Factory Orders in U.S. Drop 3.3% During July

Orders in U.S. factories plunged by 3.3% during July, after being pulled down by a steep fall in demand for civilian aircraft.

On Tuesday, the U.S. Department of Commerce said that orders in U.S. factories were down 3.3% during July, following a gain of 3.2% in June. The drop in July was due for the most part because of a drop of 19.2% in orders that were part of the highly volatile category of transportation equipment.

Civilian aircraft orders, which vary often times quite wildly from one month to another, fell by almost 71% during July after they gained over 129.3% the previous month.

Excluding the volatile transportation sector, which includes orders for aircraft, orders in U.S. factories increased by 0.5% during July following a tiny increase of 0.1% the previous month.

A category considered by economists as a proxy for investment by business posted a solid gain of 1% following a small decline during June of just 0.1%.

Of recent, manufacturing in the United States has benefitted from the strength of the U.S. dollar against a basket of foreign currencies and from the improvement over all of the global economy.

Growth has started to pick up across Japan, Europe and other areas of the developing world.

Despite this sharp drop in overall factory orders, an increase seen in the category of business investment suggests that companies have become optimistic about the demand in the future from their customers.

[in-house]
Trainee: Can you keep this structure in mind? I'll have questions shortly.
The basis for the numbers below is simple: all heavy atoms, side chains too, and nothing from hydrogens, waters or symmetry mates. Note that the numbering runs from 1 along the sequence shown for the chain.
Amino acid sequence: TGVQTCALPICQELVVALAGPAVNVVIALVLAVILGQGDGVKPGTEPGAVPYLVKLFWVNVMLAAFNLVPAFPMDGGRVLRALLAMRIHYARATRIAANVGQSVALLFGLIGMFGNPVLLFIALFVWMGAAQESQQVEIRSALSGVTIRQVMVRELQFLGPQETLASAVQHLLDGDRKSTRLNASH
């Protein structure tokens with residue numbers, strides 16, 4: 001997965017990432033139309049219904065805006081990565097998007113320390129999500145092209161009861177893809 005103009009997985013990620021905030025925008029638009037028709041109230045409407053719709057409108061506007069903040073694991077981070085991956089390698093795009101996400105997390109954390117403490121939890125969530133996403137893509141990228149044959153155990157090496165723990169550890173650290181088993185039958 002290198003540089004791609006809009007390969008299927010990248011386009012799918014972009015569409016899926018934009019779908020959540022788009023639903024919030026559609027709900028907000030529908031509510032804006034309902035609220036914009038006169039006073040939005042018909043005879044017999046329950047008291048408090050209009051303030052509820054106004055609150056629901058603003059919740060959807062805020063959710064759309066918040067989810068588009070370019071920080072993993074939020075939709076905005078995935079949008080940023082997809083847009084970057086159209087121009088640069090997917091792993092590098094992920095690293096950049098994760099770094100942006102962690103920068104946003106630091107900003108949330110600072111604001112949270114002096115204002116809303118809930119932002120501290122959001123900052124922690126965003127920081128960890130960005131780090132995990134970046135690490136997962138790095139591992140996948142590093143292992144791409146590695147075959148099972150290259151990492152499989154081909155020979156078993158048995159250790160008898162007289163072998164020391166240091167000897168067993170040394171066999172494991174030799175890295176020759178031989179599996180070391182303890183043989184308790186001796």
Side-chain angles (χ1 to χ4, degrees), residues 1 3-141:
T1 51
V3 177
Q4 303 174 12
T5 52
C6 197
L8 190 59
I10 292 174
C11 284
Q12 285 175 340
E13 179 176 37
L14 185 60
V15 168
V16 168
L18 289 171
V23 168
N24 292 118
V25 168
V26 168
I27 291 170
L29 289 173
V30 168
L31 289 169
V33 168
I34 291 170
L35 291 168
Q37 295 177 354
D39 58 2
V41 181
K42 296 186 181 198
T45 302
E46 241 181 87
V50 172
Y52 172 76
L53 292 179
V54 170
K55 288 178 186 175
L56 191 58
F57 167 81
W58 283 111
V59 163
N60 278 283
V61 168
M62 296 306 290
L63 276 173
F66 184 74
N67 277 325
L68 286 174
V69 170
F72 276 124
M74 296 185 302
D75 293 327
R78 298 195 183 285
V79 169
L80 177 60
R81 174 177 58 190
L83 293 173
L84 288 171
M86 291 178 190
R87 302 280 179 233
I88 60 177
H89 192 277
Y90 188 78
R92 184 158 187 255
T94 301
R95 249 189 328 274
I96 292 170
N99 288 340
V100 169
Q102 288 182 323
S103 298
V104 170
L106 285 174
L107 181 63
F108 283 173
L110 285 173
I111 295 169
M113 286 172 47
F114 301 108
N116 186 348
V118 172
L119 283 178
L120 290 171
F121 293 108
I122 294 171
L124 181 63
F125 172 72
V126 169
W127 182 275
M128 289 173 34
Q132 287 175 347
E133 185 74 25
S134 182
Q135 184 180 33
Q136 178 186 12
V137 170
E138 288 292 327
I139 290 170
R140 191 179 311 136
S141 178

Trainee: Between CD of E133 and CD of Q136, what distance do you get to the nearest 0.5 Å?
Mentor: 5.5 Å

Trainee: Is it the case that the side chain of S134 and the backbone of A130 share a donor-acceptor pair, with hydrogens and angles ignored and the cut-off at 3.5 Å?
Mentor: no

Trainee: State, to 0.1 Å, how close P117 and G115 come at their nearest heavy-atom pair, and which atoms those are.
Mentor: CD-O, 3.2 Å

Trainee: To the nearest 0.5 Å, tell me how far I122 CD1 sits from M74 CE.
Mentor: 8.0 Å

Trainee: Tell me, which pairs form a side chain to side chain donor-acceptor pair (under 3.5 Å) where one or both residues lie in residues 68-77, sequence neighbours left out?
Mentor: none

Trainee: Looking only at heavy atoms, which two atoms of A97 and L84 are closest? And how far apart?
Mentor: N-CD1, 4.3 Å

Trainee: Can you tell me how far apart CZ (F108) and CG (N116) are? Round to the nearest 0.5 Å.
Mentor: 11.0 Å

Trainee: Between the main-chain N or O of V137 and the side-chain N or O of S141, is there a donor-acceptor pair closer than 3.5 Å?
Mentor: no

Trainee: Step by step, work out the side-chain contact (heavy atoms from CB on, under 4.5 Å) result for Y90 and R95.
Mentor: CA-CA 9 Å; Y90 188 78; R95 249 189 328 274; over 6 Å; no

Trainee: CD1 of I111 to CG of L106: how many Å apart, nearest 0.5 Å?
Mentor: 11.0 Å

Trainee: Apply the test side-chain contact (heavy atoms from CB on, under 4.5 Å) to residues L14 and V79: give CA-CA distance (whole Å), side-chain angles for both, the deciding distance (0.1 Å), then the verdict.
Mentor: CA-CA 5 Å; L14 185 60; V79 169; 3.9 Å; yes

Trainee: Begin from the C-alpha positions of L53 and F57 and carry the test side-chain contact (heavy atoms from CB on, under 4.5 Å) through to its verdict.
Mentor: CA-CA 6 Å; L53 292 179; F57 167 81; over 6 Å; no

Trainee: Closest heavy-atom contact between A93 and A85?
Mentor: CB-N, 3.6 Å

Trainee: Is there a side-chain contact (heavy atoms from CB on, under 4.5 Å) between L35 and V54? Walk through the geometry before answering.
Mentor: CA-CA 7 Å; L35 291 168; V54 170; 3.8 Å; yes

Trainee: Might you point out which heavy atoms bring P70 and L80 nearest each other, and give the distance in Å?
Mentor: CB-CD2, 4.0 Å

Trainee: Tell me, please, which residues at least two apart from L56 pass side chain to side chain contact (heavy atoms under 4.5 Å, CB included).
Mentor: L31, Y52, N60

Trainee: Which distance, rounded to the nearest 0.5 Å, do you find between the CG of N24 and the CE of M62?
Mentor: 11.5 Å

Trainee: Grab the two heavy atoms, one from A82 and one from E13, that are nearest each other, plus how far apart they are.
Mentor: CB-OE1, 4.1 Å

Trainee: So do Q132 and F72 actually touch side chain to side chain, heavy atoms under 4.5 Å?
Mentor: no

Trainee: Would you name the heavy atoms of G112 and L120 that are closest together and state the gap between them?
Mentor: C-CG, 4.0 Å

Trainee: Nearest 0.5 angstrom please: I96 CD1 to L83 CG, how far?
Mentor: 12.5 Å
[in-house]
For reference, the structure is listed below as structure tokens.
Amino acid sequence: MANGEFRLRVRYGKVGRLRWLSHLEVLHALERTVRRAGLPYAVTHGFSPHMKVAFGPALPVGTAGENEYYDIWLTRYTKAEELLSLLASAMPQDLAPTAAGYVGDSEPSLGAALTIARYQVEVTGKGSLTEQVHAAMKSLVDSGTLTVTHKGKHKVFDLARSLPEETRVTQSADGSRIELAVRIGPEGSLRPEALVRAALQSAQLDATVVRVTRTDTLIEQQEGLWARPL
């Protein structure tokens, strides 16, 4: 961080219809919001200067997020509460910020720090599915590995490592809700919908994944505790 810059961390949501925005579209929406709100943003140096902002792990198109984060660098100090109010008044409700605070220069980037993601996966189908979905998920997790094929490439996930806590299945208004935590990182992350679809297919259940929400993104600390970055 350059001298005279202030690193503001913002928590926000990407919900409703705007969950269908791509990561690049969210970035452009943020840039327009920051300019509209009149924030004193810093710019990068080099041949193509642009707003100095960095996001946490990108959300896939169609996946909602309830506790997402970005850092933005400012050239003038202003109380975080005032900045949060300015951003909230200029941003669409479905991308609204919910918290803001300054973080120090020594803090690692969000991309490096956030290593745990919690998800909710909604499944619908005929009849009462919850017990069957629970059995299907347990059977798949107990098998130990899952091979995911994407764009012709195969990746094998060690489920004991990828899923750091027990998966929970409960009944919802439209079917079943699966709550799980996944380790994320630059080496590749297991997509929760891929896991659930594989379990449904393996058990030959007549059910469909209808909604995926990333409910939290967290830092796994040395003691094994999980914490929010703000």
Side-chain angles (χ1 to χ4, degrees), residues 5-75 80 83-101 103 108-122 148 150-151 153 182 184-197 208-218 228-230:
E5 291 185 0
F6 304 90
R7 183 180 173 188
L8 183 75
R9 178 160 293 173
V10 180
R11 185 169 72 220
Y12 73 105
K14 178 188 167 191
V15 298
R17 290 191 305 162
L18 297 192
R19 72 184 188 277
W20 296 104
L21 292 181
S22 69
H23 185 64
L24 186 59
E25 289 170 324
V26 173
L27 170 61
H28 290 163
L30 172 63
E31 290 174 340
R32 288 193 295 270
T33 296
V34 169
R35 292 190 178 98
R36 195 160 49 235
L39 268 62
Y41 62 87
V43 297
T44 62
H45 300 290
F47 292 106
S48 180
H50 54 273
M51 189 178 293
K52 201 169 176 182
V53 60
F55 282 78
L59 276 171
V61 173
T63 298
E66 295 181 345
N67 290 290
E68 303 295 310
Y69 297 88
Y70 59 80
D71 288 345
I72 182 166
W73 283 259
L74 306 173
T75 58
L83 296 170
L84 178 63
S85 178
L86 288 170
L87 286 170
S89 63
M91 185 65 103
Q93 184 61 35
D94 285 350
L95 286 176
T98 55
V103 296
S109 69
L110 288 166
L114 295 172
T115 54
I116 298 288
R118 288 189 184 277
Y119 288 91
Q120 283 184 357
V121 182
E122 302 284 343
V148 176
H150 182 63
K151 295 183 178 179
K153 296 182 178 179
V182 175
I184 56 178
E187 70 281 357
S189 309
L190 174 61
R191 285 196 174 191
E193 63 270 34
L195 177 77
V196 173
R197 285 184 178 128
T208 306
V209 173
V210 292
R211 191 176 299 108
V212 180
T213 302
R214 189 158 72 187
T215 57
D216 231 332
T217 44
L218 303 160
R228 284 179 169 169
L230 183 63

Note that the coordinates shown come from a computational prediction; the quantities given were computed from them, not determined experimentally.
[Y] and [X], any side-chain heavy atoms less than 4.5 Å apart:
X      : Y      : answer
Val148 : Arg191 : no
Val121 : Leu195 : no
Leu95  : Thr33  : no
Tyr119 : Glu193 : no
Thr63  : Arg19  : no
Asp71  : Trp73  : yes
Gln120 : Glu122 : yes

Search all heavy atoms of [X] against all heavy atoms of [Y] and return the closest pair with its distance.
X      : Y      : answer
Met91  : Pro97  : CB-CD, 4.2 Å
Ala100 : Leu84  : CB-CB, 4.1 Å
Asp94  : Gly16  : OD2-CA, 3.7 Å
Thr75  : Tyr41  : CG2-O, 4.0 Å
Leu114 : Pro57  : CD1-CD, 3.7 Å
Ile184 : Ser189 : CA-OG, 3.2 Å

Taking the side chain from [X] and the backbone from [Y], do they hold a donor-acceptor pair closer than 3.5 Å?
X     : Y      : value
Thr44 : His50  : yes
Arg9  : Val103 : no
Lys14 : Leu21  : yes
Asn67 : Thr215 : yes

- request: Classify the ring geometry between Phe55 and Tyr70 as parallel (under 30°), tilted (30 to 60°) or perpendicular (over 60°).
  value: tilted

Last week a private survey showed that factories in the United States had grown at a strong pace during August, another positive sign for the country’s overall economy.

Orders for electronics products and computers increased by 2.1% and orders for appliances, components and electrical equipment also were up by 2.6%. Orders for autos as well as auto parts were down by 0.9%.

Durable goods orders are orders for goods that are meant to least a minimum of three years. Durable goods’ orders were down over 6.8% following a June surge of more than 6.4%.

Business optimism however appears to be strong as the investment by businesses increases and therefore will help to increase the overall factories orders as inventories will continue to be built back up to prior levels and if the jobs market continues to remains strong, then more money will be spent by consumes as they feel more optimistic about their current and future situations.